Pioneers in Poetry: South Dakota’s New Poet Laureate

As of July 1, 2015, South Dakota has welcomed a brand new poet laureate: Lee Ann Roripaugh. She will hold the title until 2019, and replaces the former laureate, David Allan Evans, who had been the state’s poet laureate since 2002. Read on to find out more about Lee Ann Roripaugh’s life and poetry!

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As of July 1, 2015, South Dakota has welcomed a brand new poet laureate: Lee Ann Roripaugh.

Life of Lee Ann Roripaugh

Lee Ann Roripaugh was born and raised in Wyoming, where she developed an interest in poetry and music at a young age. She developed her creative writing skills through self-help books and lots of practice, finally going on to get her B.M. in Piano Performance, M.M. in Music History, and M.F.A. in Creative Writing.

Lee Ann published her first book of poetry, “Beyond Heart Mountain,” in 1999. Since then, she has written three more and is currently working on her fifth book. She has won several writing awards and currently works as the Director of Creative Writing at the University of South Dakota and Editor-in-Chief for the South Dakota Review journal.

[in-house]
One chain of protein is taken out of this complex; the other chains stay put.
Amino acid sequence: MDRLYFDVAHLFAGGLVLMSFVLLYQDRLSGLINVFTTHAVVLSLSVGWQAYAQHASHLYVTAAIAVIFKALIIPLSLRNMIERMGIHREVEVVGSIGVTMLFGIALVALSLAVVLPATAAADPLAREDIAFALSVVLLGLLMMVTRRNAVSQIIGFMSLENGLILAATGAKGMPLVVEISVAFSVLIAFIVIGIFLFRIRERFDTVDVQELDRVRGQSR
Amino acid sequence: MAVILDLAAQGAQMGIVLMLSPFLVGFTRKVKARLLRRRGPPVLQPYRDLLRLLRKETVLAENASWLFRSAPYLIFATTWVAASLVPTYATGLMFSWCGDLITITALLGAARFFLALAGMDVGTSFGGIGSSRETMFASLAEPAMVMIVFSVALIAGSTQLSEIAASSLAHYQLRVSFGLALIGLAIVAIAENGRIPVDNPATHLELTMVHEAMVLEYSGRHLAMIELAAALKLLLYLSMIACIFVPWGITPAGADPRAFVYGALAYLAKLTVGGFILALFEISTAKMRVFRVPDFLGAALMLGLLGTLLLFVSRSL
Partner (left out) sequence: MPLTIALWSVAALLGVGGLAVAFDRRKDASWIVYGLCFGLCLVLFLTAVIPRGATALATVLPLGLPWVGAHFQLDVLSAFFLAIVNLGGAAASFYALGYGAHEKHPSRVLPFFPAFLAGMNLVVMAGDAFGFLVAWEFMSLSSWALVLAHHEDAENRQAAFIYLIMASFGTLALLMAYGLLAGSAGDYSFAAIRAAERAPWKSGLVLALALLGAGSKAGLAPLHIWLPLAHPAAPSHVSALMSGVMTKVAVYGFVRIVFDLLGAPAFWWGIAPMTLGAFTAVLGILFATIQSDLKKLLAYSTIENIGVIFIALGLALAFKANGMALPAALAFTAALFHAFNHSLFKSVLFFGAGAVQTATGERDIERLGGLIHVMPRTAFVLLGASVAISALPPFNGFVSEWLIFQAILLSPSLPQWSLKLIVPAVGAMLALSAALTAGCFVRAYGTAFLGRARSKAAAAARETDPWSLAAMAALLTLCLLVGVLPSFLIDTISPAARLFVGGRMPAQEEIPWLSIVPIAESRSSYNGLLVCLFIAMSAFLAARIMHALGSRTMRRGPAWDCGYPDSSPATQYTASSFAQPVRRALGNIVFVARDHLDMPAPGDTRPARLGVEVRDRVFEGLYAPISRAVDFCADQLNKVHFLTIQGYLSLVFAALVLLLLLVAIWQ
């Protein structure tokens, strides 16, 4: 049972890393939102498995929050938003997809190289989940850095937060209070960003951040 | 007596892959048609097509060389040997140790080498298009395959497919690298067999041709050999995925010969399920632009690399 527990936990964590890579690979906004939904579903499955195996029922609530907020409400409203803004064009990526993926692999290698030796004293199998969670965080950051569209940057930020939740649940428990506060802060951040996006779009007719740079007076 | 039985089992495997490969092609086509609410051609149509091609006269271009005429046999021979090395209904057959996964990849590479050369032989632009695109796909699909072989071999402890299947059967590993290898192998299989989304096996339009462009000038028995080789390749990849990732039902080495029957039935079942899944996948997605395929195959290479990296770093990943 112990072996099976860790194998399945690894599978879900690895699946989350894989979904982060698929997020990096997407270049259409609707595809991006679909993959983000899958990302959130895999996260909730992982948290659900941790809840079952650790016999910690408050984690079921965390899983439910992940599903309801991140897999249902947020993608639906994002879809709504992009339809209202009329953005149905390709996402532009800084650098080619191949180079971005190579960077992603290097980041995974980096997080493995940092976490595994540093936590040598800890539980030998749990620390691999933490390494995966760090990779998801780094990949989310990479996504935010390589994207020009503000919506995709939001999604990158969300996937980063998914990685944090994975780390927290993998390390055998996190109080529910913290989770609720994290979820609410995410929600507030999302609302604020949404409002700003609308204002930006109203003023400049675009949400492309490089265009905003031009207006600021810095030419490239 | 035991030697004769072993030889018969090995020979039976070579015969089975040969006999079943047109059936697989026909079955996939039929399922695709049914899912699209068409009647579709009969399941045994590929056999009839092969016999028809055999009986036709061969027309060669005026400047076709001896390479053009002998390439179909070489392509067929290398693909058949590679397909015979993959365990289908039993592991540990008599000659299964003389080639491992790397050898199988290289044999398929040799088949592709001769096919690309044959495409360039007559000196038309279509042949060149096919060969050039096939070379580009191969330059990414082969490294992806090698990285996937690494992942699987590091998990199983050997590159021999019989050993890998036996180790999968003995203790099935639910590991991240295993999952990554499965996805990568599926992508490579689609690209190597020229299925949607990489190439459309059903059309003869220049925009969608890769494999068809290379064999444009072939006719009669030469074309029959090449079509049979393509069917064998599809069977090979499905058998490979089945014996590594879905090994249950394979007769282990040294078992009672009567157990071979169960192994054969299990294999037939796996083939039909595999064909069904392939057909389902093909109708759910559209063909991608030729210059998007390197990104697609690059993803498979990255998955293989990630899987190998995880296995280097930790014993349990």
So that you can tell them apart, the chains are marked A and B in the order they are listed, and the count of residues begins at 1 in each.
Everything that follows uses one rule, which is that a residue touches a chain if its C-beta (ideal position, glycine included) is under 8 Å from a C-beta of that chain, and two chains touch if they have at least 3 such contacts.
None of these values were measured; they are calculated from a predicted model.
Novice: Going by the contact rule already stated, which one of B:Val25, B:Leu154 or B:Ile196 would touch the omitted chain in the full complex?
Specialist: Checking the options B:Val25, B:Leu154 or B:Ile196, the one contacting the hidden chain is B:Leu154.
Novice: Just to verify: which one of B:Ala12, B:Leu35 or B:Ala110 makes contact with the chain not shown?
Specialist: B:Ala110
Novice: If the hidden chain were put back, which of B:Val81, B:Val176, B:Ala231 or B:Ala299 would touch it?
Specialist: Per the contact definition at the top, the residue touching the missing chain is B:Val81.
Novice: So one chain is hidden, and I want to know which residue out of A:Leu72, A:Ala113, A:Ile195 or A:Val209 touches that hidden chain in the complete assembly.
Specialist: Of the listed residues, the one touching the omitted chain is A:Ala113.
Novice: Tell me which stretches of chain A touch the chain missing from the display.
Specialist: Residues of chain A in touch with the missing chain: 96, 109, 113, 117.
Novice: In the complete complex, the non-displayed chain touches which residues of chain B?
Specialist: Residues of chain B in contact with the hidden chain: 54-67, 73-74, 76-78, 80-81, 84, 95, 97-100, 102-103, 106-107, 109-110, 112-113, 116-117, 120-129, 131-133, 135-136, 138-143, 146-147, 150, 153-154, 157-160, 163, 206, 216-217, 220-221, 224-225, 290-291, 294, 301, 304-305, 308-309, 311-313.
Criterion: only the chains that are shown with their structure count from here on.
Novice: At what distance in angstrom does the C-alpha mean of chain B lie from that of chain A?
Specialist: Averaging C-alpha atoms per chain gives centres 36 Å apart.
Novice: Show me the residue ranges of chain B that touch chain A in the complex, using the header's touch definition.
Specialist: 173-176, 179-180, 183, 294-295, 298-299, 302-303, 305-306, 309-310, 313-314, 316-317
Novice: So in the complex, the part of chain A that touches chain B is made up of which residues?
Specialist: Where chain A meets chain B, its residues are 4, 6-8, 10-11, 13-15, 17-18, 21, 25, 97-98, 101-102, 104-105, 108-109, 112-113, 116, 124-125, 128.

Roripaugh’s Poetry

As a second-generation Japanese-American, Lee Ann pulls from traditional Japanese poetry as her inspiration. She typically writes in free verse, poetry that does not rhyme or have a regular meter. Much of her poetry deals with the challenges and tensions of growing up with a mixed-race identity in America. Her most recent book, “Dandarions,” speaks about the way language is learned – a topic Roripaugh is familiar with, as she grew up in a non-English speaking family.


What’s next for Lee Ann Roripaugh? As South Dakota Poet Laureate, her main responsibility is to help grow the poetry community. She plans to travel over the next few months giving poetry readings, running poetry workshops, and officiating literary events. She hopes to inspire future poets, especially Asian-Americans. She believes it is important for them to feel represented and that their experiences matter.

Are you feeling inspired by Lee Ann Roripaugh? Try writing a free verse poem of your own! Remember, poetry doesn’t need to rhyme or follow a certain structure, but it’s always best when it’s triggered by something that inspires you. If you like what you write, consider submitting it to our poetry contest and showing your work to the world!

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